Learn How to Arrange Flowers Like a Pro



Inspired by Fragonard's "The Progress of Love," at the Frick Collection, Chinese magnolias, anemones, amnesia, and mauve roses stand out in gold vessels.HC&G: How do you approach making bouquets for events?
Ron Wendt, principal, Ron Wendt Design: I try to figure out the story I want to tell. Is it a color story, or something more theme-based? Finding the essence to a party or an event is a necessary first step. For casual entertaining at home, I cut branches and flowers from the garden, like hydrangeas or Japanese andromeda. Even when I think I have nothing in the garden, I can find something. One time, for a Mexican dinner party, I clipped loads of red azaleas, which looked like Mexican paper flowers. Foliage and flowers cut from your garden will transcend anything you can buy from a florist or in a grocery store. And there is a lot to be said for using plant material that’s local.

Event planner Ron Wendt arranges the floral centerpiece for one of his parties.How do you begin making an arrangement?
I think in terms of shapes, textures, and color. Conifers or boxwood, for example, are surprisingly great in bouquets. And for one event last year, I paired some lavender-pink Yves Piaget roses with rhododendrons that have a blush-y bronze foliage. Only later did I realize that the roses were the same color as the blossoms on the rhododendrons. It was a beautiful combination that Mother Nature had already created.


What else is crucial?
Always have a wide variety of vases on hand, since every flower needs the right vessel to make it sing. A collection of bud vases or small spherical vases will show off single flowers well. My clivia just bloomed recently, so I floated the flowers in parfait cups, which highlighted the structure of the individual blossoms.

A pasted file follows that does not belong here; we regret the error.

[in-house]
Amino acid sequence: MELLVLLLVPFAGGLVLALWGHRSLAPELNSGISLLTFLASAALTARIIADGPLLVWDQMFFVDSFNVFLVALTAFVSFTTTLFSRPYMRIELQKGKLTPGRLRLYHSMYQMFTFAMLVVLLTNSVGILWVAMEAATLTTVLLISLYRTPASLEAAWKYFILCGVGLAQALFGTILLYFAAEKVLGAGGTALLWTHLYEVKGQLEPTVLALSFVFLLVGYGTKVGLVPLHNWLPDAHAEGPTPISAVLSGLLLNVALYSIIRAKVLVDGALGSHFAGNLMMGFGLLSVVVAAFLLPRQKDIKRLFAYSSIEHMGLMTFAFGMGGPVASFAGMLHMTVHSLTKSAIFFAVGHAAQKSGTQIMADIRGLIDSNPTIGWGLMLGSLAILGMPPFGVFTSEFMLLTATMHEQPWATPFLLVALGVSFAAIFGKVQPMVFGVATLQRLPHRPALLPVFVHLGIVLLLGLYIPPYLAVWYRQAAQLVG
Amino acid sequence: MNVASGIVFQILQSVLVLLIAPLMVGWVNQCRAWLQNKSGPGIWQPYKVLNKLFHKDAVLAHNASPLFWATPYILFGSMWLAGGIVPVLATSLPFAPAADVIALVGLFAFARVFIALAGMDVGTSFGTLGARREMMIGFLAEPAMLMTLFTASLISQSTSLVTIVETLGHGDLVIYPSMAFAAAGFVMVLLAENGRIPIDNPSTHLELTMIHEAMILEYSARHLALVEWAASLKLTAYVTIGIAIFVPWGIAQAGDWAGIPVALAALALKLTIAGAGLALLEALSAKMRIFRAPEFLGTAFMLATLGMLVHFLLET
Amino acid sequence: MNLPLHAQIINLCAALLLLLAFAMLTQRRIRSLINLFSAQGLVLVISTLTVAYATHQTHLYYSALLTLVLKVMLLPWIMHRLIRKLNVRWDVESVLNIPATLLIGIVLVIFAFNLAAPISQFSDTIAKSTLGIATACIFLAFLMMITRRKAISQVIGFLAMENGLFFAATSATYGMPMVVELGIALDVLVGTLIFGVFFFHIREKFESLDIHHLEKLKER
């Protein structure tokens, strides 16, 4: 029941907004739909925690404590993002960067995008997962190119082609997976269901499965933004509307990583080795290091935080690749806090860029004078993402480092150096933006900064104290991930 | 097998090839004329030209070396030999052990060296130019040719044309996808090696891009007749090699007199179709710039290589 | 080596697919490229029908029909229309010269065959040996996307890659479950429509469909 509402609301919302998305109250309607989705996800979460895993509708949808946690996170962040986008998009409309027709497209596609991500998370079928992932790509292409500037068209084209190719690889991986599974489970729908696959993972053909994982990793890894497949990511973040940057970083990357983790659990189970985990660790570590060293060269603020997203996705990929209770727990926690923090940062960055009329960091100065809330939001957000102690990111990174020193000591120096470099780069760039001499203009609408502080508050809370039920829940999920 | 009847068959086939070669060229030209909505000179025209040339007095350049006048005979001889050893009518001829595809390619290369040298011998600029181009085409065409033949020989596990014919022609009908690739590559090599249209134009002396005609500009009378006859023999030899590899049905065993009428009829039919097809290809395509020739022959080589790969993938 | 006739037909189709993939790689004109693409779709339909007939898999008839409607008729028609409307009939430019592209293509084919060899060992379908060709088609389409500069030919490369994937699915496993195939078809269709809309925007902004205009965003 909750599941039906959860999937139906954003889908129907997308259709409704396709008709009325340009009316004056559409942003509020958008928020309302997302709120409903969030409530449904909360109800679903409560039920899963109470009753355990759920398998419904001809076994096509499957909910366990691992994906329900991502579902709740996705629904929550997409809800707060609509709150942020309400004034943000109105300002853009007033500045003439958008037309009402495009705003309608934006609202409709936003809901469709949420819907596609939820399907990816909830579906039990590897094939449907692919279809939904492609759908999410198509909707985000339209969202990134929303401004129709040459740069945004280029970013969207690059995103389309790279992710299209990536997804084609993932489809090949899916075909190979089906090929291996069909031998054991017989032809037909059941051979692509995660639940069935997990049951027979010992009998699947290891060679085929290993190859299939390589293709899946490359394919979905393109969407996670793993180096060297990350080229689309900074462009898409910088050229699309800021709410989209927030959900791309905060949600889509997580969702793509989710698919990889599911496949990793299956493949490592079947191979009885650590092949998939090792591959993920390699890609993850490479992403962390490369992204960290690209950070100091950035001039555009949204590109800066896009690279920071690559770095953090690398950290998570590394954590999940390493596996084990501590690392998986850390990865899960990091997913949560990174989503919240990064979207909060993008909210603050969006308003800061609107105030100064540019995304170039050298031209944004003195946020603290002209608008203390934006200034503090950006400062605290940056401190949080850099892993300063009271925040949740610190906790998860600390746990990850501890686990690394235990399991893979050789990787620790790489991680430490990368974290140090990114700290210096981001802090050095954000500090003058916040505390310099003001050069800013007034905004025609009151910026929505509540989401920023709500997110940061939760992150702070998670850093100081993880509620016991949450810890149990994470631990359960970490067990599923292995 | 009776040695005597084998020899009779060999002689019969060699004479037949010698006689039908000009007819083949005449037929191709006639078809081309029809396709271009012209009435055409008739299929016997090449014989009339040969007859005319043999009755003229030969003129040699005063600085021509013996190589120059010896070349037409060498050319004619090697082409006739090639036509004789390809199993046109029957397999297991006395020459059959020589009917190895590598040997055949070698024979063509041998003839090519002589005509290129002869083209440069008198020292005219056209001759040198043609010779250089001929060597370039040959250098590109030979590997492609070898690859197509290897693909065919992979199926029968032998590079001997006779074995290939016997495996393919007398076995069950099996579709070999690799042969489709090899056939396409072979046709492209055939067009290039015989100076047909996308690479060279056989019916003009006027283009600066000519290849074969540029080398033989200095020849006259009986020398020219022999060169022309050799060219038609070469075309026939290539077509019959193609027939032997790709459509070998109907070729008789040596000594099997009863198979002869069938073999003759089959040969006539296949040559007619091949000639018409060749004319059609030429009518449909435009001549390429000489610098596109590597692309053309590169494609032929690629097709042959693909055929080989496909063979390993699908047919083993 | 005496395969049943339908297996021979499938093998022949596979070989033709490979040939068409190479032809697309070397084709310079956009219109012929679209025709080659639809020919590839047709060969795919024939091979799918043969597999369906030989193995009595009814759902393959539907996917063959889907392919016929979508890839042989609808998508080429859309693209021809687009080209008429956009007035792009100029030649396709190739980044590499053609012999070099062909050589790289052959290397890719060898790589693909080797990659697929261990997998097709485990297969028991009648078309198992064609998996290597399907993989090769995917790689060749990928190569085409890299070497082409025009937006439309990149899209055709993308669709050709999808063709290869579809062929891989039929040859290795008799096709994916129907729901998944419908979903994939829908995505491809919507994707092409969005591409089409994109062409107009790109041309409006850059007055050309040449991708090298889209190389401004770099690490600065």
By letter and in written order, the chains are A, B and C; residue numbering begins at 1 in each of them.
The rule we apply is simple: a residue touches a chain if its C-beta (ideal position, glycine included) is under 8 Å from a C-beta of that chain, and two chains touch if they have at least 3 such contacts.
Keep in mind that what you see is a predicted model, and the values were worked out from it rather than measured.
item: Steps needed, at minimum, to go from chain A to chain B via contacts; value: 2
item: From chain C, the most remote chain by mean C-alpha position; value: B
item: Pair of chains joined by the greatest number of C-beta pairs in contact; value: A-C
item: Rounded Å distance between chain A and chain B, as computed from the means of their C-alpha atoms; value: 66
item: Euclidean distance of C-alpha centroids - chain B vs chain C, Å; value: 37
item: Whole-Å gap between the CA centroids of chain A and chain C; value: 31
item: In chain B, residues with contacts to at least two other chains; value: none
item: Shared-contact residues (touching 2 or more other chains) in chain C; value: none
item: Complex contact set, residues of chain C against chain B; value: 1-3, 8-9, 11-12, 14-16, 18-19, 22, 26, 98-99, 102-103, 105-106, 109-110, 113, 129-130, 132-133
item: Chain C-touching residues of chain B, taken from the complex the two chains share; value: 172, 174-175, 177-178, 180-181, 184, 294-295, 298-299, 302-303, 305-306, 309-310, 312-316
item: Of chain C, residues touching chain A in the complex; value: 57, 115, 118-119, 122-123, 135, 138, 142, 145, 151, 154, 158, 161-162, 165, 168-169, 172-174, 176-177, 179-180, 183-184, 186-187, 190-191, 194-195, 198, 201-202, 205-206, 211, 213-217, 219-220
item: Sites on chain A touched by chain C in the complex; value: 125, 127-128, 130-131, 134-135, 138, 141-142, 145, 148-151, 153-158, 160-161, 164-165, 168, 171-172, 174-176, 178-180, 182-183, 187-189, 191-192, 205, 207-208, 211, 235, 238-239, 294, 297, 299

What can you do with a more common flower, like dahlias?
Well, I don’t think you can ever get enough of them—they’re incredible! Be sure to place them in weighty bud vases so that they don’t topple over. If you are filling a room with them, I suggest using tall vases in multiple sizes, positioned individually or clustered together for maximum effect. Dahlias have a velvety texture not typically found in late summer, and I love their light, astringent scent. My current favorite is called ‘Café au Lait’—it’s out of this world.

Instead of mixing red, white and blue blooms, Ron Wendt suggests using red flowers against a blue backdrop for a patriotic event.And sunflowers?
I love teddy-bear sunflowers—the double ones without the center eye. They’re like a sunflower wanting to be a dahlia! If you are going to do a big bunch and want to rein them in, use raffia to tie them together. If you aren’t happy with the direction they’re facing, then turn them to the sun and they’ll move in that direction, even though they have already been cut. Trust me, they’ll thank you for it.

A version of this article appeared in the July 15, 2016 issue of HC&G (Hamptons Cottages & Gardens) with the headline: Garden Party.

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